egg flats

egg flat

We take full advantage of stores that have delivery in our neck of the woods. Home Depot, Tractor Supply, Walmart, CostCo, Amazon to name a few of the more common ones, and they have things that you wouldn’t necessarily expect. We got our chicken plucker from Walmart, of all places. Last year I got a bunch of egg flats from Tractor supply – they were 99 cents a dozen! A flat holds 2 and a half dozen eggs and that’s what I use to take eggs to our customer, Tom the baker. It’s great when I come home and there’s a package in the driveway. It’s kinda like Christmas! Sometimes it’s not that much fun, if we’re getting brewers yeast, but seeds are always neat or plants or trees. Right now, we’re expecting a delivery of egg cartons and a delivery of baby chicks, ducks, and a goose!


“Red Rangers” search result

I already talked about the ducks that we’re getting. I’m not sure if I mentioned the goose – we’re getting a male Tufted Roman. That is what our female goose, Roma, is. Tufted Romans are on the Livestock Conservancy’s critical list. So, it would be neat to be able to hatch some – if possible. We’re not sure how we’ll be doing in that department. Anyway~ we are also waiting for a batch of Red Rangers. When you do a Google search for Red Rangers, you need to make sure you put in the word “chicken” – or you end up with pages and pages of the Red Power Rangers.  Who knew?! I did find one photo of a Red Power Ranger who was fighting a guy in a very fancy chicken suit, but I opted to not include that here.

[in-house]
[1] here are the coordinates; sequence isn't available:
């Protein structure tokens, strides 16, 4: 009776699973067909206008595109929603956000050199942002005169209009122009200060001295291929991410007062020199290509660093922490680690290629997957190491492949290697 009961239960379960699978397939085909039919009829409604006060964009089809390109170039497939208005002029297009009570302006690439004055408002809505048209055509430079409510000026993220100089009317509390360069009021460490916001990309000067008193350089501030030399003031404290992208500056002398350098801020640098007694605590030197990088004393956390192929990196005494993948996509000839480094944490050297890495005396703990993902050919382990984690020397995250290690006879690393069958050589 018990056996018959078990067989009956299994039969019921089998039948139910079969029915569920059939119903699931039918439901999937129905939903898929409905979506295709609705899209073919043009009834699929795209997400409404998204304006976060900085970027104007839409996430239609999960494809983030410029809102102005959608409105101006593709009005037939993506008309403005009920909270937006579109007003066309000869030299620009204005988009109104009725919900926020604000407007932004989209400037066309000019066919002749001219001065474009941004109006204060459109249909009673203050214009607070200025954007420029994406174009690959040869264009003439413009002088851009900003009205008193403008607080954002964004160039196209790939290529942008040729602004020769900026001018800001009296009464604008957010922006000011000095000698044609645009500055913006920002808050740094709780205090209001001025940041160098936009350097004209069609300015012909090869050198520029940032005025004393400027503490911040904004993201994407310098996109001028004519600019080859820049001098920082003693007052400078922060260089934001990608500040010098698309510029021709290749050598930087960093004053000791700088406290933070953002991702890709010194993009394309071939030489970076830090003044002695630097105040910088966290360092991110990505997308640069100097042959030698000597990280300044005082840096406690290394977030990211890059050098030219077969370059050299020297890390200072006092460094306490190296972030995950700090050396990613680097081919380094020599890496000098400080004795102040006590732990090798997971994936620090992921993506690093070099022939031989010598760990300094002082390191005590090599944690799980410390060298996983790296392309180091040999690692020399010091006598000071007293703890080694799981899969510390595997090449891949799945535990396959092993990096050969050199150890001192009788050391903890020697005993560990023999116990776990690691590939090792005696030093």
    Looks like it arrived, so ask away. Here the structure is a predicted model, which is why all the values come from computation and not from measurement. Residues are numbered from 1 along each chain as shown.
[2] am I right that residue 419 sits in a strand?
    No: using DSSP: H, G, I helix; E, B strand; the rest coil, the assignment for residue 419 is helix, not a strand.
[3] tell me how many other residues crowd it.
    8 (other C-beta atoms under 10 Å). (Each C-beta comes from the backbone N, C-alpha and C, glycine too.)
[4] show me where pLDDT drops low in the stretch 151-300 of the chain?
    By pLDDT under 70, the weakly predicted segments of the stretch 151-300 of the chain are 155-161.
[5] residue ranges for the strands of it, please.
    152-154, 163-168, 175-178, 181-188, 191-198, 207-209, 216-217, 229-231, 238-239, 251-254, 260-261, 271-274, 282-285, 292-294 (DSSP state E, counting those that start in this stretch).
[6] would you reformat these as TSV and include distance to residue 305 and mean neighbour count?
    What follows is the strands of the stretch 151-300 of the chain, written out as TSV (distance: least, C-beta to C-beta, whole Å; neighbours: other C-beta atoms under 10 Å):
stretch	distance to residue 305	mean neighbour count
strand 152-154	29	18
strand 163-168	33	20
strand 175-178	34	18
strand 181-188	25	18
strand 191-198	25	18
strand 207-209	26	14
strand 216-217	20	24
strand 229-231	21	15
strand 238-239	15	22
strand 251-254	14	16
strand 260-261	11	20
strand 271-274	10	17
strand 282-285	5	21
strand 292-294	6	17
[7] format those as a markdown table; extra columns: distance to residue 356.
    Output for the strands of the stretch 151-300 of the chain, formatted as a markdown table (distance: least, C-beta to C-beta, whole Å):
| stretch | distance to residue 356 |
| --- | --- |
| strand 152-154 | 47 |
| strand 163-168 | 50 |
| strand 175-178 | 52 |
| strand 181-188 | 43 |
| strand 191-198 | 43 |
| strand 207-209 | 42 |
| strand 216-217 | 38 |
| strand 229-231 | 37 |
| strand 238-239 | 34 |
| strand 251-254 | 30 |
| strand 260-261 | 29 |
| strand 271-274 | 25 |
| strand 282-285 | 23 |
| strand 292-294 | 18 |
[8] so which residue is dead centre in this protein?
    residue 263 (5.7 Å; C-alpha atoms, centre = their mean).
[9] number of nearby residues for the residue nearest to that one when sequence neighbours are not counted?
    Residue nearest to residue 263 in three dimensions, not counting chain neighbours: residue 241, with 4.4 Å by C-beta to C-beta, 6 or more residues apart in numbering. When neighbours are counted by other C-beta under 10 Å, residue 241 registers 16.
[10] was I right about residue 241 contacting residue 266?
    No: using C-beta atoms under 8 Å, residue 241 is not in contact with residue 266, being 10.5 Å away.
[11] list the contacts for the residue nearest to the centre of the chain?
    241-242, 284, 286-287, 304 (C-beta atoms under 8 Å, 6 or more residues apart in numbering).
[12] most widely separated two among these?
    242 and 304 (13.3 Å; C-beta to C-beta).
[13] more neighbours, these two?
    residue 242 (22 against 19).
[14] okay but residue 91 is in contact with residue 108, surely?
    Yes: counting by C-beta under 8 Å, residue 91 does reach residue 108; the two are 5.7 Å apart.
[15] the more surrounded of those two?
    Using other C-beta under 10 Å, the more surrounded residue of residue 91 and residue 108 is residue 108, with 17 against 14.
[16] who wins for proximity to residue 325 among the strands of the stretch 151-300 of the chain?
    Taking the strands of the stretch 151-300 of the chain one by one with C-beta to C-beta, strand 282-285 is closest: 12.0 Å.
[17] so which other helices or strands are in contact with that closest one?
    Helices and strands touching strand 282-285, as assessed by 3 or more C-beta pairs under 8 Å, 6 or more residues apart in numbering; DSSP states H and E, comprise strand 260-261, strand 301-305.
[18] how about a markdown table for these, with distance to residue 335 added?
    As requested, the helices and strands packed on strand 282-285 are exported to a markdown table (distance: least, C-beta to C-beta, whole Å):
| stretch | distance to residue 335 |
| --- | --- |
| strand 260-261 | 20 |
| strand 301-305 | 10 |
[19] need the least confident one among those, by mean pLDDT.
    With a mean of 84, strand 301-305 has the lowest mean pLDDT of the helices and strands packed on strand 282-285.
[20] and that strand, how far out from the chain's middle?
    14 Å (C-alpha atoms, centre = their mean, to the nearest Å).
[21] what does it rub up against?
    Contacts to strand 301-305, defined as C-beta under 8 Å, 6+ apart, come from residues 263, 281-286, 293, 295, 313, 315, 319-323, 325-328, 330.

RedRangerThe baby chicks will be Red Rangers and they are broilers. Red Rangers are a hybrid chicken, bred for meat production. They are not recommended to be used for egg production as they are not vigorous layers. Red Rangers are very popular for farms which raise chickens organically, for meat. They tend to forage well – as opposed to the Cornish Cross. They grow at a slower, more normal rate than say the Gray Rangers, so the turn around time isn’t as quick. They do very well as pastured chickens, completely free ranged, or in chicken tractor situations, and they tolerate heat better than most meat birds. The Murray McMurray hatchery says that they reach their best dress weight at 80 days. We are hoping to have help with this lot, and the next, when it comes time for processing. We have joined in a “barn raisers” group that will help us to get through large farm projects, such as processing. The adults in the group are interested in giving their children some farm life experience – much like they had as they grew up. So— we’ll see how this works out!

Sue has been busy getting the brooding side of the coop ready for new littles. With the layers now out in the pasture, with their beautiful RCW, she was able to spend some time in the coop making some improvements, setting up lights, making the brooding table a bit more enclosed for the first few days so we can reach them if we need to address any health issues. She hung the heat lights so they are a bit more stable. Basically cleaning and readying for the expected delivery. I leave for Washington DC on Wednesday and they will probably come Wednesday or Thursday.  I think every thing is in readiness, we just need the delivery! Until then, as always~
Thanks for reading!

Today’s Weather: It was a bit cooler today than over the weekend. Had our first few days in the 100’s°. We have a few more days of the same, peaking Thursday it looks like and then by next Monday/Tuesday we’re back down in the low 90’s°. That’s a bit more tolerable. The chickens seem to be keeping up in the heat, except that egg production has gone down some – as I’ve mentioned before.

Egg Report: Saturday –  1 duck egg, 33 chicken eggs. Sunday – 1 duck egg, 22 chicken eggs.  Monday –  2 duck eggs, 25 chicken eggs.